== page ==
The Hall of a Thousand Columns: Hindustan to Malabar with Ibn Battutah

February 19, 2008

Author: Tim Mackintosh-Smith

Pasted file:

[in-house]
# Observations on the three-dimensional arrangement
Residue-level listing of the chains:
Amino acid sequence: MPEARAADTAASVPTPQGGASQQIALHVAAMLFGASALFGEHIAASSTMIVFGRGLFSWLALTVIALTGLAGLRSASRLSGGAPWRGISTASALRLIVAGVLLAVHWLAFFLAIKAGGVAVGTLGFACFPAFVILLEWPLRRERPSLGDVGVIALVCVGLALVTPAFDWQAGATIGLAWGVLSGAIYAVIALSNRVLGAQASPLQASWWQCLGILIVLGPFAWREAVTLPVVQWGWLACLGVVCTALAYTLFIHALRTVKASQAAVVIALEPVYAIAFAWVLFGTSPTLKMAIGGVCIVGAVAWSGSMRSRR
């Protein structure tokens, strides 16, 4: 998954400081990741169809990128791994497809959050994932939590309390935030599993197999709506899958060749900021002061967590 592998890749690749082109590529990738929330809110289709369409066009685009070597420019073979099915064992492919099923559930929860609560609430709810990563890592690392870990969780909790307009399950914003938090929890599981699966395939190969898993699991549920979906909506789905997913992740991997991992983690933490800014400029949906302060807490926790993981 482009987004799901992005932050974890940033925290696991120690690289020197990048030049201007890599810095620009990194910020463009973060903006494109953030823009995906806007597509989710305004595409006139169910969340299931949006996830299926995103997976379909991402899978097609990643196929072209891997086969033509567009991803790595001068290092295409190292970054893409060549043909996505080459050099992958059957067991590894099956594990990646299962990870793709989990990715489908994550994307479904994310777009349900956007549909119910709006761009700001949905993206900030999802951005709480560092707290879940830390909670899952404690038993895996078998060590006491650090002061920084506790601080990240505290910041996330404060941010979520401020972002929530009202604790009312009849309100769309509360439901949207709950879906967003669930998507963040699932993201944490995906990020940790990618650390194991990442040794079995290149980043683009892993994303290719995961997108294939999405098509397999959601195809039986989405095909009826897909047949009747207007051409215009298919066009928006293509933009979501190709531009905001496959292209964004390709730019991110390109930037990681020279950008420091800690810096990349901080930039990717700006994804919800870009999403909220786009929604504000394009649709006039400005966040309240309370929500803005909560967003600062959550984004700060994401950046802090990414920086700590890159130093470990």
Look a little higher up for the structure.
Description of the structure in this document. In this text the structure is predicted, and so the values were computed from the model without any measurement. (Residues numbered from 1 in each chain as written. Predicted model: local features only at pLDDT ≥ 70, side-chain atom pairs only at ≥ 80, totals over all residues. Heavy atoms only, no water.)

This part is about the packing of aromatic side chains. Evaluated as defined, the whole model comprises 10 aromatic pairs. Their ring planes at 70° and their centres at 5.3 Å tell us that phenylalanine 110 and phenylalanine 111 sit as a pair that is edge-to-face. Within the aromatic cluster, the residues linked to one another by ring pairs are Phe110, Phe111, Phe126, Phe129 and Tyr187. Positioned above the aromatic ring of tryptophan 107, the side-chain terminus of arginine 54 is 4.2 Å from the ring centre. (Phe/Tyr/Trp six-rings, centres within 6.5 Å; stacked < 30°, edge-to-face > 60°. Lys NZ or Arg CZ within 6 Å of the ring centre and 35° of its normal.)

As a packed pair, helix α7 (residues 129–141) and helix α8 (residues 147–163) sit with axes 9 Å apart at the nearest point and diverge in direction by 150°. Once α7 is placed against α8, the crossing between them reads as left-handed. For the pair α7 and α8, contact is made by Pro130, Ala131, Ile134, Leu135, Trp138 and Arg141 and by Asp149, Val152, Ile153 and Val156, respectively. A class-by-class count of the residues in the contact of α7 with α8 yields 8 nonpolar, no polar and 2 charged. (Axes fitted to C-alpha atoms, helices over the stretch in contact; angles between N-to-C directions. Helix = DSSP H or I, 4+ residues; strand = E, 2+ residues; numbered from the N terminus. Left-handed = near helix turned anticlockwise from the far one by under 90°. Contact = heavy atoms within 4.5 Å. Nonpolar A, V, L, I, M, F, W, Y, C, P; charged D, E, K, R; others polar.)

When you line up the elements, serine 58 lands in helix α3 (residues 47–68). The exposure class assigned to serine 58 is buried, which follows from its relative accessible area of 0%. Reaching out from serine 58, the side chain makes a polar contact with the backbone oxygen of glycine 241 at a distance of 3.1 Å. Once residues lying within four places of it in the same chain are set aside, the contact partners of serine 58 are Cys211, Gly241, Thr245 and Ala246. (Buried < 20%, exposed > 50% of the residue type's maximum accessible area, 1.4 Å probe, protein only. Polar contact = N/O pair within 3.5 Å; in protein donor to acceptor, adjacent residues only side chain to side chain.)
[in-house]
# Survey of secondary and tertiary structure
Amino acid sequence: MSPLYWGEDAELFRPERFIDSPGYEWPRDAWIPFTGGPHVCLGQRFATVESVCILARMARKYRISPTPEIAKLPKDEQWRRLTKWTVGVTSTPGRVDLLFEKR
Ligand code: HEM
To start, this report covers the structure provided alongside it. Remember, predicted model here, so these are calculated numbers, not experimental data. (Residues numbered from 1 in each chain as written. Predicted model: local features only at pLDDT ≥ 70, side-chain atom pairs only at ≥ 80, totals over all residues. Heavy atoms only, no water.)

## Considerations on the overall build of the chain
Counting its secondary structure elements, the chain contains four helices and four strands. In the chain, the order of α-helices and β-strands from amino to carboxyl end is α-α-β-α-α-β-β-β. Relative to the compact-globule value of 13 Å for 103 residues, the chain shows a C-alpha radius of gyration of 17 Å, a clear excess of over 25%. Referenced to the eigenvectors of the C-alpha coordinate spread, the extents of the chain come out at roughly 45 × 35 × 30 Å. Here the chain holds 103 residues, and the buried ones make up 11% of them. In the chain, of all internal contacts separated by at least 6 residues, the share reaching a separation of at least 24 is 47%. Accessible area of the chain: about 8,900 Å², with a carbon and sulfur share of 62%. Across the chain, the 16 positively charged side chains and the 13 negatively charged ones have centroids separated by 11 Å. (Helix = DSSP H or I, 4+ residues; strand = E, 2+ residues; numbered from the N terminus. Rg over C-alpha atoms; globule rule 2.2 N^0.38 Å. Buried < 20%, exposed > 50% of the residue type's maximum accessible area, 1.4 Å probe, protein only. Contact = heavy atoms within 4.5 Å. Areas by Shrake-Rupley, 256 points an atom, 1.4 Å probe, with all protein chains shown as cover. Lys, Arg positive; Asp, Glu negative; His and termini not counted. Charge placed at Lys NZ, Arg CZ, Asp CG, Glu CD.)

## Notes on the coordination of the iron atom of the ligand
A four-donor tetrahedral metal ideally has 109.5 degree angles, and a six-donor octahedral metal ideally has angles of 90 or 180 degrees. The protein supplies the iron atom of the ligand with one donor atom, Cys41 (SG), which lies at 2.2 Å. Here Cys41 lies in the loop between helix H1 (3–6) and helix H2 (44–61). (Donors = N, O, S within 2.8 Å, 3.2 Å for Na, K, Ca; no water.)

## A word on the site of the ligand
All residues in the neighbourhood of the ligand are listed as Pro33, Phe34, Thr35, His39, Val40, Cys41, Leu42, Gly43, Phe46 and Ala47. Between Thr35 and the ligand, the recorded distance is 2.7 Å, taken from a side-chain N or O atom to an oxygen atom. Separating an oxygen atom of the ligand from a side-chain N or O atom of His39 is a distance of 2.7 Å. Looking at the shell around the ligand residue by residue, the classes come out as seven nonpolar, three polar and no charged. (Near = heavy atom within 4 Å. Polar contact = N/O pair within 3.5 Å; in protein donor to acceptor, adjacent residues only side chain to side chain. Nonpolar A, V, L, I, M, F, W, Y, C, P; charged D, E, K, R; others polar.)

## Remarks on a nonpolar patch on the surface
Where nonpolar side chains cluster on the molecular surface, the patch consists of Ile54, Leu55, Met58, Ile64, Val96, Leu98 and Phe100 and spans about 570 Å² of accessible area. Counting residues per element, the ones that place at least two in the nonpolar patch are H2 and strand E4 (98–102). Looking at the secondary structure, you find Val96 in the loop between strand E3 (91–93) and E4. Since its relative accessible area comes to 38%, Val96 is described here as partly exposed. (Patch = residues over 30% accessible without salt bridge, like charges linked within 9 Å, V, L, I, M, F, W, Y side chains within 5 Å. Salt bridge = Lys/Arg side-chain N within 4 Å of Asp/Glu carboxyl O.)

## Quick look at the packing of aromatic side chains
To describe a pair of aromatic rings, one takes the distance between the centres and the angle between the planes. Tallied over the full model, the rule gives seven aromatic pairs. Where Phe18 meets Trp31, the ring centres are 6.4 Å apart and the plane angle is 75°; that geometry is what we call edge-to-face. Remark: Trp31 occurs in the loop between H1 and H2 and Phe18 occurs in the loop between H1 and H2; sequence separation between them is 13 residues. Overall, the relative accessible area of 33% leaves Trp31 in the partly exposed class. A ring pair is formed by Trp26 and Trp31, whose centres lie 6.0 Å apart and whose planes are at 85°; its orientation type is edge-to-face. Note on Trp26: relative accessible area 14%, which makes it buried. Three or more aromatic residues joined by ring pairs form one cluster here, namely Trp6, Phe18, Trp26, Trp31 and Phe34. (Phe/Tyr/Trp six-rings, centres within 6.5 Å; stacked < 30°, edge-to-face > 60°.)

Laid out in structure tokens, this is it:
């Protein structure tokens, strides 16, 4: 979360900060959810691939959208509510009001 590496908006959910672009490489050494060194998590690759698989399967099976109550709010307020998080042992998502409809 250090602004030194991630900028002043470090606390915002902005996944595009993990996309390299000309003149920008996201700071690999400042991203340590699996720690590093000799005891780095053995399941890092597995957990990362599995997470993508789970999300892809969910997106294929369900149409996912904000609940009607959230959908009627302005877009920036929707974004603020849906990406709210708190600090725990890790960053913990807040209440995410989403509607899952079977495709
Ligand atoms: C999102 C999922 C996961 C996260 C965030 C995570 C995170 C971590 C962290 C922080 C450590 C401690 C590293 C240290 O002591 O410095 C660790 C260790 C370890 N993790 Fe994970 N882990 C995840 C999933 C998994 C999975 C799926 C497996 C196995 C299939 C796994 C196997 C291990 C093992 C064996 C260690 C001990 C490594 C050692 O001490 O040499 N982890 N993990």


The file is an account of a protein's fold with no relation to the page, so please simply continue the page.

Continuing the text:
The prophet Muhammad once exhorted his followers to ‘travel in search of knowledge, even though the journey takes you to China’. It was a stricture that the medieval Islamic traveler, Ibn Battutah, took vigorously to heart, spending an amazing twenty-nine years on the road – a travel feat unparalleled in history. Battutah left his native Tangier in 1325, ostensibly on a trip to Mecca to perform his Haj. He returned to Morocco in 1355 and proceeded to write the ultimate travelogue, The Precious Gift for Lookers into the Marvels of Cities and Wonders of Travel – an astonishingly vivid (and engaging) account of his years on the road. It was a journey that took him to the Volga in the north, as far down as Tanzania and, of course, China.He left in the dust, the travelers and explorers currently mythologized in the Western pantheon – Herodotus, Marco Polo, et al. In his own way, author Tim Mackintosh-Smith is perhaps just as unique. A dedicated Arabist, he has spent the last twenty years living and writing in the Yemeni capital, Sana’a. Over the years, he has proven himself a singular voice in the call for Battutah’s rightful place in history, churning out research and articles on Battutah’s life and work. He has recently edited an accessible collection of Battutah’s own writings, The Travels of Ibn Battutah, the first (English) collection since the nineteen-twenties. It must be said that Battutah is equally ill-served by Islamic scholars – and especially in his Moroccan homeland. In the first of a planned trilogy – Travels with a Tangerine: A Journey in the Footnotes of Ibn Battutah – Mackintosh-Smith covered Battutah’s Middle Eastern and African portion of his journey. The second volume (just published) takes in the Indian section of the journey, with a third planned on China. In many ways, Battutah’s Indian trip was pivotal to shaping his personality and the creation of his legend. Even now, it is hard to imagine one man being subjected to such a mélange of adventures and misadventures.Battutah traveled from the Indus to the Malabar coast, a swathe of land under the rule of Muhammad Shah ibn Tughluq (the eponymous “hall” is the Hazar Sutun, Muhammad Shah’s audience chamber in Delhi) – a ten-year journey that brought him wealth and prestige, robbery and destitution, the love for a slave-girl and the siring of numerous offspring. Along the way he served as a qadi to numerous sultans, earning his keep (as well as a modicum of prestige).  In tracing Battutah’s journey, the wondrously informative Mackintosh-Smith seeks to restore the validity of the great traveler’s observations. Like his contemporaries, Battutah suffered from the prevailing sense of disbelief his tales engendered. Unlike his contemporaries (Herodotus, for example, wrote of seeing gigantic ants mining for gold in India) Battutah’s writings were grounded in reality. Mackintosh-Smith juxtaposes his own witty observations with dazzling effect, creating a heady blend of both irreverence and deep respect for his subject. What comes through most though, is his passion for Battutah – and it his greatest gift that he manages to pass this on to the reader.  

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